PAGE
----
• NEWS . 17 Aug 2020
  • Abnormal glucose tolerance linked to increased MACE risk among patients with MI

  • Patients with acute myocardial infarction (MI) have a high prevalence of newly discovered abnormal glucose tolerance (AGT), according to results from a meta-analysis. 

    Data were extracted from prospective studies in patients with acute MI without known history of diabetes; AGT diagnosed using fasting plasma glucose, 2-hour oral glucose tolerance test, or HbA1c; and incidence of major adverse cardiac events (MACE) and/or all-cause mortality in newly discovered AGT.

    In these 19 studies (N=41,509, median follow-up 3.1 years), the prevalence of newly discovered AGT was 48.4% (95% confidence interval [CI], 40.2–56.6). Prediabetes had a higher mortality risk than normal glucose tolerance (NGT) (hazard ratio [HR], 1.36; 95% CI, 1.13–1.63; p<0.001) and MACE (HR, 1.42; 95% CI, 1.20–1.68; p<0.001). Also, newly diagnosed diabetes had higher mortality risk than NGT (HR, 1.74; 95% CI, 1.48–2.05; p<0.001) and MACE (HR, 1.54; 95% CI, 1.23–1.93; p<0.001).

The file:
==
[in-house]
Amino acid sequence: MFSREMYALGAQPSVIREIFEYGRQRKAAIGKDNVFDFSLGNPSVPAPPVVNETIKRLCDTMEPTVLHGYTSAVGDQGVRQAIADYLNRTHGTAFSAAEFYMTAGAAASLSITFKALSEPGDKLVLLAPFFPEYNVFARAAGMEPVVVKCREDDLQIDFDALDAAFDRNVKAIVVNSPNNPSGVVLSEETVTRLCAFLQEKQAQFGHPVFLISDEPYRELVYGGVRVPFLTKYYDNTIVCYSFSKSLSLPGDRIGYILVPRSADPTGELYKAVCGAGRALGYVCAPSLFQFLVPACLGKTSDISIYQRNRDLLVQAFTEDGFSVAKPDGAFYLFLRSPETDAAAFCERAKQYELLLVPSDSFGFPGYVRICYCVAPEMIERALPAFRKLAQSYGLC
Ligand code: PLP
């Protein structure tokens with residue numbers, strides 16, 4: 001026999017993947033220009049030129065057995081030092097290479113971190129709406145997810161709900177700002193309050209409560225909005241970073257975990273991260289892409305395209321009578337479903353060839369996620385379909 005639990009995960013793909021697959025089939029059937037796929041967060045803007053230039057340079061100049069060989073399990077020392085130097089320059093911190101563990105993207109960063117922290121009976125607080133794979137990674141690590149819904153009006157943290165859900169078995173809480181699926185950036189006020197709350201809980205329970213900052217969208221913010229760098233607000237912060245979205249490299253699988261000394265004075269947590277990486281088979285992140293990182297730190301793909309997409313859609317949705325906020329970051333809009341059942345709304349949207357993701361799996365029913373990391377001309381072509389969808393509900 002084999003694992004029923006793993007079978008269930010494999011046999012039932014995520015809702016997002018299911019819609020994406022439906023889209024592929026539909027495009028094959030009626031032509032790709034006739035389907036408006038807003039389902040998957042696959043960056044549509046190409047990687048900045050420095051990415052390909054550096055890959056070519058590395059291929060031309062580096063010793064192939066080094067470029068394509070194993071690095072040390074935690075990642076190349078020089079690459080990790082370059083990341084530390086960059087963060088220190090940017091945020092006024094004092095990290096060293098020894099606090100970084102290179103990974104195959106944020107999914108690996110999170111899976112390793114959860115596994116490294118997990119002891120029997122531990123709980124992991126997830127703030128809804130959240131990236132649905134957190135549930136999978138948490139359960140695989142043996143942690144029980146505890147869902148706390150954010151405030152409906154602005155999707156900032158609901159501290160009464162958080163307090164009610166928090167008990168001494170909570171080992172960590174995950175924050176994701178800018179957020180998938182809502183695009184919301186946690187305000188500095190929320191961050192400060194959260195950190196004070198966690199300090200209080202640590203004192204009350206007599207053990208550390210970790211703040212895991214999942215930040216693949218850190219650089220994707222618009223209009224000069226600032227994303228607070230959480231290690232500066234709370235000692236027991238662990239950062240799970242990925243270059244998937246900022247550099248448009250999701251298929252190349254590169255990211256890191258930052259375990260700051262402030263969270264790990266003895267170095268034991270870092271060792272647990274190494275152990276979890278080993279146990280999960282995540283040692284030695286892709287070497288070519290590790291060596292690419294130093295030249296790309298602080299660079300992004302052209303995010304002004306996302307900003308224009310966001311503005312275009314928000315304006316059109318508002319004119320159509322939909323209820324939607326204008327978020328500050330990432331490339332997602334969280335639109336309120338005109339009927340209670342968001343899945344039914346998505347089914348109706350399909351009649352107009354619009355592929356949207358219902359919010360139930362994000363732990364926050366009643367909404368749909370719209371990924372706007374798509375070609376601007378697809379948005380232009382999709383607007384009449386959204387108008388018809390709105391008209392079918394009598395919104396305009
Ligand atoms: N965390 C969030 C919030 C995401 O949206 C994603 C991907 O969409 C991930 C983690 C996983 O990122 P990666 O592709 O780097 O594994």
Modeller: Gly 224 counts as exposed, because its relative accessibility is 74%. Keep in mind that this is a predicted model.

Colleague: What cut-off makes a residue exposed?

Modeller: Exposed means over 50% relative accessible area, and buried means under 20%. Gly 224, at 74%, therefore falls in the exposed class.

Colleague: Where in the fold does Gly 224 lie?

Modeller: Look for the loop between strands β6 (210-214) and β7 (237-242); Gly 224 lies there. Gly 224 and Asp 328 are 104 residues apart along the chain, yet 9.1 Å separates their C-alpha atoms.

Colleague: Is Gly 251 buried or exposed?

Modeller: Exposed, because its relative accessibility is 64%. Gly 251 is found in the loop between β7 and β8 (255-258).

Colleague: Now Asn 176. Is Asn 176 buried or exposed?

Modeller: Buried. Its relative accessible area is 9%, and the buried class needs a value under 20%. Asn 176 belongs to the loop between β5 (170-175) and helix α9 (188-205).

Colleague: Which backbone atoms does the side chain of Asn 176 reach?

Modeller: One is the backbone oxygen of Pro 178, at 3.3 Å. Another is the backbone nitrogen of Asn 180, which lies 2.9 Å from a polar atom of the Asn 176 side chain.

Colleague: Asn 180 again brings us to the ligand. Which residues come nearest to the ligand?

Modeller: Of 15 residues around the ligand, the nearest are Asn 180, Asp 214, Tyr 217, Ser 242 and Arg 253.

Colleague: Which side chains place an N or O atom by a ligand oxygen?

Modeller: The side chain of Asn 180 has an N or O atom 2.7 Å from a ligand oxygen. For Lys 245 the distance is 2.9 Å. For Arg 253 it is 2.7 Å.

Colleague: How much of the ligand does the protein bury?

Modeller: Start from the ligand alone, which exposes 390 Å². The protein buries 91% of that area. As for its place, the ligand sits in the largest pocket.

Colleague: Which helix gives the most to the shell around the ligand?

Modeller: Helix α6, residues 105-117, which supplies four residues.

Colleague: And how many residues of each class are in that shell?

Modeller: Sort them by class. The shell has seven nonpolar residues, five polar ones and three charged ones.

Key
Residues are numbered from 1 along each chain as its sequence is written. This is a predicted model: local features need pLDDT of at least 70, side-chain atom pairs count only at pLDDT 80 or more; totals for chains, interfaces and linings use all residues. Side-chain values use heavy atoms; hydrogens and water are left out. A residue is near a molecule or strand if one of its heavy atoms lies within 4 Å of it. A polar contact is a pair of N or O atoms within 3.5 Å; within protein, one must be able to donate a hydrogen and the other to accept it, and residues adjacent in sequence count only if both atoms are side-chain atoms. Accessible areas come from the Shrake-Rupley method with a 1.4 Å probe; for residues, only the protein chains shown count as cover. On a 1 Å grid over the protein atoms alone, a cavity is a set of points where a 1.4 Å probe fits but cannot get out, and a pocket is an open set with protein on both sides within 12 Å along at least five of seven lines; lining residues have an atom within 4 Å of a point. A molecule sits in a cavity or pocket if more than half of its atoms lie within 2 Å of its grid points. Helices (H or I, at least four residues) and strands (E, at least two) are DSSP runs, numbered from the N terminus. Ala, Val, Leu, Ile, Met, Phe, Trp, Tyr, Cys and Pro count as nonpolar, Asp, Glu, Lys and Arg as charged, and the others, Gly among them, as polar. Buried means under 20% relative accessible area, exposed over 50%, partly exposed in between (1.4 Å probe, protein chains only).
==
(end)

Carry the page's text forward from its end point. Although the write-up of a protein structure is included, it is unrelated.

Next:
The study findings underscore the need for aggressive risk reduction strategies in this population, especially in those with prediabetes. 

    Reference:
    Laichuthai N, et al. Newly discovered abnormal glucose tolerance in patients with acute myocardial infarction and cardiovascular outcomes: A meta-analysis. Diabetes Care 2020;43:1958-1966.